All the films from all the editions, including those subsequently removed, presently totalling 1177. An easy way of seeing how…
His Girl Friday
She learned about men from him!
Hildy Johnson has divorced Walter Burns and visits his office to tell him that she is engaged to another man and that they are going to get married the day after. Walter Burns can't let that happen and frames the other man, Bruce Baldwin, for a lot of stuff getting him into trouble all the time, while he tries to steer Hildy back into her old job as his employee (editor of his newspaper).
Howard Hawks' "His Girl Friday" is a whirlwind of dialogue, memorable characters, and crackling comic energy. Hilarious and exhausting, the film is a robust and quick-witted piece of entertainment that has not only stood the test of time but has proved itself as one of Hollywood's greatest-ever comedies.
The plot involves a well-shaken potion of divorce, marriage, reporters, and convicts. In the middle of it all, Rosalind Russell's Hildy Johnson and Cary Grant's Walter Burns navigate the narrative as the now-separated couple can not escape one another's magnetism. The story skewers the newspaper business, crime films, and relationships while reveling in its characters and their personalities.
As the two lead personalities, Russell and Grant are excellent. Russell offers a strong…
His Girl Friday combines all of my favorite movie things like it was made just for me:
• Ex-lover drama
• Strong female character
• Biting satire
• Witty dialogue
• Lovable and multi-dimensional minor characters
• Emotional honesty
Absolute perfection. His Girl Friday has charm and happiness coming out of its eyeballs and I want to watch it every day for the rest of my life. Unfortunately that isn't possible because my watchlist has almost 300 films on it. A girl can dream...
Thanks for recommending this to me on my classics recommendations list Antonomasia, JW Hendricks, Lise, and Noetic Hatter!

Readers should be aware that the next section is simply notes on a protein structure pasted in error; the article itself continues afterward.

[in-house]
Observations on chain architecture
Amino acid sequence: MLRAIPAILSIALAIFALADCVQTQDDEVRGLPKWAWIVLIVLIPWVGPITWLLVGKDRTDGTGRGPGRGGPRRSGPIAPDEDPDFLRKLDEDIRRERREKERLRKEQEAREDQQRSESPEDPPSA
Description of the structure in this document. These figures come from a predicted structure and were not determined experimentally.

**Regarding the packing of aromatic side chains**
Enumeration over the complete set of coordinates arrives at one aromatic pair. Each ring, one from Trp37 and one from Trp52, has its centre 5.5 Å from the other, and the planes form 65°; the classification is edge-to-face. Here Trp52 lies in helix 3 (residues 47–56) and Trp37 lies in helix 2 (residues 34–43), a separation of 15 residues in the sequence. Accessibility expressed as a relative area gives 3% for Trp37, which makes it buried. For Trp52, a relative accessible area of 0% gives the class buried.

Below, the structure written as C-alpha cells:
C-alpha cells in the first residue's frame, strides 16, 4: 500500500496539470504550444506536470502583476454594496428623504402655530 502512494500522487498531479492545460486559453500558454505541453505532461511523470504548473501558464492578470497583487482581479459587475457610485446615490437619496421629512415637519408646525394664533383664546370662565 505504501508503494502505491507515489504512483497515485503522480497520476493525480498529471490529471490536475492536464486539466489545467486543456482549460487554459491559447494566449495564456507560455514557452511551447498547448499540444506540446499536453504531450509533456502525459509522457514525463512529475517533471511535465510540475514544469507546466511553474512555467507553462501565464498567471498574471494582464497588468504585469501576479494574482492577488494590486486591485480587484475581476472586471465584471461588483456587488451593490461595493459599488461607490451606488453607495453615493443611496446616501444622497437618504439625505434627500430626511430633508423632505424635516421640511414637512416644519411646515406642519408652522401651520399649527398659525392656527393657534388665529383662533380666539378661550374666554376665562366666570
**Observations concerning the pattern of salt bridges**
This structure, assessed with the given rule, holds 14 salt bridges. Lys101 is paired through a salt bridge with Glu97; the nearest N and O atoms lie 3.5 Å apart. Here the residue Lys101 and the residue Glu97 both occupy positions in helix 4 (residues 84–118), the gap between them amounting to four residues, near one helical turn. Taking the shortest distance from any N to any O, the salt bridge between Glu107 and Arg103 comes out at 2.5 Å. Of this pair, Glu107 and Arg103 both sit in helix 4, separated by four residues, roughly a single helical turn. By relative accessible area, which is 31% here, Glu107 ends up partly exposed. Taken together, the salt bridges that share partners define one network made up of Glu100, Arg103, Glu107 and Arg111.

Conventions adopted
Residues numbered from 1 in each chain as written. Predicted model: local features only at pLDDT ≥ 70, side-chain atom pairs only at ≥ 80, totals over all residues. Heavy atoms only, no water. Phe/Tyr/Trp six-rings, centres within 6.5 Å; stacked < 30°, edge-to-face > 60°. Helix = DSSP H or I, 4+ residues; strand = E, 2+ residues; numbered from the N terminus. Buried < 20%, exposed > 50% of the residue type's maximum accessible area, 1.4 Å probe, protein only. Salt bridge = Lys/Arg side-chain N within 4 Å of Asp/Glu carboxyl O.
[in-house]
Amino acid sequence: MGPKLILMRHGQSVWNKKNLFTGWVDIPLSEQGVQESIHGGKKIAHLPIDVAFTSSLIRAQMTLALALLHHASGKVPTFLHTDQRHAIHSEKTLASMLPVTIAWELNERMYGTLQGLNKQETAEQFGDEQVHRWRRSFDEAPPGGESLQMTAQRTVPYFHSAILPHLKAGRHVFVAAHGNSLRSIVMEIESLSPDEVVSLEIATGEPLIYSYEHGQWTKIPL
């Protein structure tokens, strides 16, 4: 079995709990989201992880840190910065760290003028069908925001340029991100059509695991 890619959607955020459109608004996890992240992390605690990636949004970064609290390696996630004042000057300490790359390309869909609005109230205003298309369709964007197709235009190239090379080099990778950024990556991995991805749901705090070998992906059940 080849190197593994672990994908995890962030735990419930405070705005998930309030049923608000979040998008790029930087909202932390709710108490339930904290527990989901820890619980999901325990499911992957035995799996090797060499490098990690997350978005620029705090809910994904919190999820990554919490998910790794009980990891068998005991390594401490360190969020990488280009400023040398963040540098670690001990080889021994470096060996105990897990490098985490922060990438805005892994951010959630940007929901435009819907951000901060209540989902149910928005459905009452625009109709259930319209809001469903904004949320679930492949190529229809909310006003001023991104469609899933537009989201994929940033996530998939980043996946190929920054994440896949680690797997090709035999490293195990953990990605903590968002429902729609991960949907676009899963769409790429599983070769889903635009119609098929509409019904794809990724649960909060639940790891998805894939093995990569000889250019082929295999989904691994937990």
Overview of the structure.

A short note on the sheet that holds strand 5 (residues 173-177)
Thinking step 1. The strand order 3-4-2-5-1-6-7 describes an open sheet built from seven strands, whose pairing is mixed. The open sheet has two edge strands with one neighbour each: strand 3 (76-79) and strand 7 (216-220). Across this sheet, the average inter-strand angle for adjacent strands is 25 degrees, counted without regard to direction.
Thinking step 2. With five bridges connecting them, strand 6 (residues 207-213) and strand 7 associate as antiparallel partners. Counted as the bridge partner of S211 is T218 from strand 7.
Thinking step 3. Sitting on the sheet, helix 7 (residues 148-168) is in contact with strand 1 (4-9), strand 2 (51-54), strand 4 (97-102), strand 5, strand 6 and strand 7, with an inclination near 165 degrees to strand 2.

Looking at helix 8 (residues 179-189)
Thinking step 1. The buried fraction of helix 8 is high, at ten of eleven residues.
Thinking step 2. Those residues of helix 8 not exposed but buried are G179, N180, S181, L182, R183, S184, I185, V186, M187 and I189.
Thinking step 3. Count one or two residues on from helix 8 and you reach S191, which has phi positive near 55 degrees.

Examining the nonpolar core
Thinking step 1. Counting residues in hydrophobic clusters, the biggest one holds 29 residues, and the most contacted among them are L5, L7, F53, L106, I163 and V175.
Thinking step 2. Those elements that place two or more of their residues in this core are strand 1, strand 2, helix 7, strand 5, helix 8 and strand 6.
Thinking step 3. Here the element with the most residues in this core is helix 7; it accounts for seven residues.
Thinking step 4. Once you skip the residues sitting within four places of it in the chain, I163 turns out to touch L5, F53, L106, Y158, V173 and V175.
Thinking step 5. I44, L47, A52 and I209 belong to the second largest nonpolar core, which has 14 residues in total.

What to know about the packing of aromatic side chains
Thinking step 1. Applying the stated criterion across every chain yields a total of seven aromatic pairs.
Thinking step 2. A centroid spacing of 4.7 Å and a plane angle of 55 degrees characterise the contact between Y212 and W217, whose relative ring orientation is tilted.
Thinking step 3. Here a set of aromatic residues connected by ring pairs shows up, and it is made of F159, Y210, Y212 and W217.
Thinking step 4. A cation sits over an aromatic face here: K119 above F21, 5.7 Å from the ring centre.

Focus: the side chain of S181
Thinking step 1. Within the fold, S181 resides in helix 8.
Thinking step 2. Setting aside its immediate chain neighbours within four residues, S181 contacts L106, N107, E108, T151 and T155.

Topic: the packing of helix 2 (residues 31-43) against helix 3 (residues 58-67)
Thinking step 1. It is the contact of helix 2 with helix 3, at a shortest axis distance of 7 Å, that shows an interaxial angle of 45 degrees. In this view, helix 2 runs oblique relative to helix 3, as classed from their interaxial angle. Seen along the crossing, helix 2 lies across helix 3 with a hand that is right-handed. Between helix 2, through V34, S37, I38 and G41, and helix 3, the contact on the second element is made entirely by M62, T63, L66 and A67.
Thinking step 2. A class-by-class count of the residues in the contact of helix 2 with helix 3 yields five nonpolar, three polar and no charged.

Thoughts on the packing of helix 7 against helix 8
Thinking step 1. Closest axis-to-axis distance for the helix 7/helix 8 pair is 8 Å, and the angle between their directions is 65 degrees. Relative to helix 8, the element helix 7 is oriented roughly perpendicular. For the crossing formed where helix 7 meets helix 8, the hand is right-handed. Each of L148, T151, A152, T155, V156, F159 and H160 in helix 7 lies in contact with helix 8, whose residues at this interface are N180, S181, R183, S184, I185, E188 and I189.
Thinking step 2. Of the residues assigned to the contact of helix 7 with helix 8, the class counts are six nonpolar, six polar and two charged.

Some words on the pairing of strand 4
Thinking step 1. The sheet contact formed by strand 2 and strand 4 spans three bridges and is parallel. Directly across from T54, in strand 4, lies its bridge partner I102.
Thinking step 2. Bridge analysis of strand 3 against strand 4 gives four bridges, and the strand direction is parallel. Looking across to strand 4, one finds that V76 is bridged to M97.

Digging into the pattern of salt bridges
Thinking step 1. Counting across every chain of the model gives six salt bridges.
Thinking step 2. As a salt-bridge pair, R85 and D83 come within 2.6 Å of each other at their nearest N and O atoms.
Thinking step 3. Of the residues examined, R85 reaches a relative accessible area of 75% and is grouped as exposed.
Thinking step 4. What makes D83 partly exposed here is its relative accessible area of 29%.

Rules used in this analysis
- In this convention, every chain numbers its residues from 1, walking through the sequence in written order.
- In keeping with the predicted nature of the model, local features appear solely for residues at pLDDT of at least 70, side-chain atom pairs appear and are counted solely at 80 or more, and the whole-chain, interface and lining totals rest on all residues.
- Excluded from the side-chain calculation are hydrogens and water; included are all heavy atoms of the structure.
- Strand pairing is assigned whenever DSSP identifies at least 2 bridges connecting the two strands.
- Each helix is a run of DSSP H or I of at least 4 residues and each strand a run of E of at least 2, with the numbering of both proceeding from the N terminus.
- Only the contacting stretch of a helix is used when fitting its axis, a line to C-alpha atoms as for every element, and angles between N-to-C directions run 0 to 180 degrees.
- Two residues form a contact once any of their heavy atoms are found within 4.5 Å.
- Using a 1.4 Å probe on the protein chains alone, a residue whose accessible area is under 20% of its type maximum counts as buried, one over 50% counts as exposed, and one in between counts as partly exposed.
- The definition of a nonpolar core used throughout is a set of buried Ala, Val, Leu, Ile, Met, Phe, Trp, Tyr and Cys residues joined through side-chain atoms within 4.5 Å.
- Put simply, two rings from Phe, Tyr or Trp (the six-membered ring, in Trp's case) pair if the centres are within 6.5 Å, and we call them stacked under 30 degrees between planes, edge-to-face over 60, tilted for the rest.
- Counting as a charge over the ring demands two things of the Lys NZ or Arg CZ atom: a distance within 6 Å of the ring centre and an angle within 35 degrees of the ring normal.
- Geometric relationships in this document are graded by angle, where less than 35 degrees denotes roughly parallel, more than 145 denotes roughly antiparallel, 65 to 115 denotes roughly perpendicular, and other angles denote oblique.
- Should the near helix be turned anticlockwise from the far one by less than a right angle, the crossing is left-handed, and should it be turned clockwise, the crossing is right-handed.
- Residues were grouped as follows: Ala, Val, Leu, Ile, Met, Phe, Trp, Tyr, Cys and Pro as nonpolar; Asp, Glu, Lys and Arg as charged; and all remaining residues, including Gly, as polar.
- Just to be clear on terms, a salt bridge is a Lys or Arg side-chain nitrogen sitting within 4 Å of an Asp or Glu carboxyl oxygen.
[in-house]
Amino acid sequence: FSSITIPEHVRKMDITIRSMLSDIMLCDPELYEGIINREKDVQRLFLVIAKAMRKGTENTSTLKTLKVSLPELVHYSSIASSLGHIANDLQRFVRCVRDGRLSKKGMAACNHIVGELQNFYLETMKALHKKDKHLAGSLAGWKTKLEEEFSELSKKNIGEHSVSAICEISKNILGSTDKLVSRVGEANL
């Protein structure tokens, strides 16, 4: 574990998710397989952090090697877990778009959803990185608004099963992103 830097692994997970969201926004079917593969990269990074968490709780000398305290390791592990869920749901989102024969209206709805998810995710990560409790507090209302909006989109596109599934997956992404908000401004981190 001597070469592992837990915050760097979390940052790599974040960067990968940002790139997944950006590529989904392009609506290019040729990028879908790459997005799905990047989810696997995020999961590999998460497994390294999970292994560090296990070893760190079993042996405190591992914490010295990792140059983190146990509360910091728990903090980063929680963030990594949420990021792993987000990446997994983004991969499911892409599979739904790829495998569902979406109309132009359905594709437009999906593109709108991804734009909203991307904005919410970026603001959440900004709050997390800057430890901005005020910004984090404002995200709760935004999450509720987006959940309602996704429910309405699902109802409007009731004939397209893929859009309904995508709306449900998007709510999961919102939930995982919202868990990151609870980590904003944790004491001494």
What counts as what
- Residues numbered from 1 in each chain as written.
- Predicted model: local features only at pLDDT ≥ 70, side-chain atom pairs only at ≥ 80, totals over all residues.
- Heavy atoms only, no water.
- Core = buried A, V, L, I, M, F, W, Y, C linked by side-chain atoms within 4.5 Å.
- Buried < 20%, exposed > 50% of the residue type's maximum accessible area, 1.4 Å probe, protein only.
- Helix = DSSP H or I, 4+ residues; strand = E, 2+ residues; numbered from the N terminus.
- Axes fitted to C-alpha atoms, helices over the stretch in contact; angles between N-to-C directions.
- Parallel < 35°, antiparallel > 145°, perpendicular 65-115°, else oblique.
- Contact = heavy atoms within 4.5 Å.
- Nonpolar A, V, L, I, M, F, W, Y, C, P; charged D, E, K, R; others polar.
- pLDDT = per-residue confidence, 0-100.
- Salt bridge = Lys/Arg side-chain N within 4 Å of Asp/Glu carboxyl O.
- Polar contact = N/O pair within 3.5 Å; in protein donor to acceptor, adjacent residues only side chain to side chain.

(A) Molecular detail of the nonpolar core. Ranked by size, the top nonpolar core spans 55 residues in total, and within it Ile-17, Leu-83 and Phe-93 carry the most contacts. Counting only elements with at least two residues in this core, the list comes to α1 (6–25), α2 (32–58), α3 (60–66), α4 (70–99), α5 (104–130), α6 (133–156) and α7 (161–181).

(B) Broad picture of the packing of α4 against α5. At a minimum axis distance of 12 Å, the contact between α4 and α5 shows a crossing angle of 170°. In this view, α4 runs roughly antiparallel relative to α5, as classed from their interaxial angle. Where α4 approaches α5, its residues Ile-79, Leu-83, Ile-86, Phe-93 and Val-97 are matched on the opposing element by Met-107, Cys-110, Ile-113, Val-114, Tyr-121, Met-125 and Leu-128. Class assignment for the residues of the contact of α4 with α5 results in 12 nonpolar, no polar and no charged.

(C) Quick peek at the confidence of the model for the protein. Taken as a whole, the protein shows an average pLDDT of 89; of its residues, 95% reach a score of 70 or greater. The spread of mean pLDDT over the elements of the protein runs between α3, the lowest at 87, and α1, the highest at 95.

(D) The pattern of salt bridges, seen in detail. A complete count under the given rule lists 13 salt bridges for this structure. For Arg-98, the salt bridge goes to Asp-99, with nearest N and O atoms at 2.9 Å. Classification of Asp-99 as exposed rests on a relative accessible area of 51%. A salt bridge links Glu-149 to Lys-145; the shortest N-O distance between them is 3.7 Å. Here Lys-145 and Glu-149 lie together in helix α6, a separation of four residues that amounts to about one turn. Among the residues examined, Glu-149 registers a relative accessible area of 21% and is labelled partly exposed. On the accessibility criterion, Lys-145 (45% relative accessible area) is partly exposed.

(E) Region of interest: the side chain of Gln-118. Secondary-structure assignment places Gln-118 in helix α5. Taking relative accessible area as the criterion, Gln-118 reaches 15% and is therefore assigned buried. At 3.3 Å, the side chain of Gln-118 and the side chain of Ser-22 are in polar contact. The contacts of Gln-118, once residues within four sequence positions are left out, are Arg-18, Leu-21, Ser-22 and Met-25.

It doesn't get much better than this. The snappy dialogue is funny, smart and quick. And I mean quick. It makes The Social Network look taciturn.
Cary Grant is at his best as news editor Walter Burns who wants his ex-wife and former journalist back. Rosalind Russell is pure perfection as Hildy Johnson who wants nothing to do with her ex or the newspaper business. She wants to go live in Albany and have children with her new fiance. Walter will stop at nothing to prevent Hildy from leaving. He will be cunning, sly and play dirty if it is required.
The film also serves as a critique of the newspaper industry, showing newspaper men misquoting and outright inventing stories…
I HAVE FOUND MY HAPPY SPACE!!!!!!!!!!!!!!!!!
*exhales and twirls and somersaults off into the sunset*
Walter, you're wonderful, in a loathsome sort of way.
Howard Hawks' adaptation of the Broadway play The Front Page is best described as a piece of dialogue heaven, thanks in no small part to screenwriter Charles Lederer. It was their first collaboration together and it turned out to not only be their best, but the best film adapted from the play. No small task considering that it wasn't the first, and it would go on to be adapted in two more TV movies, a series and a feature film directed by Billy Wilder no less.
I will say this: I am pretty sure that Rosalind Russell's Hildy Johnson is why I love Lois Lane. Lois was invented before this portrayal, but every version of Lois after it wants to be Hildy Johnson chasing a source down the street -- and taking him down with a flying tackle to the legs. (Well, apart from the airheaded 50's "Superman's Girlfriend" Lois who kept dreaming about marrying Superman -- but even then we got Phyllis Coates and Noel Neill.)
Also, any film that portrays newspapermen as conniving, backstabbing, lying cheats and still sends you off wanting to be one of them has got to be doing something right.
Magic. Pure magic.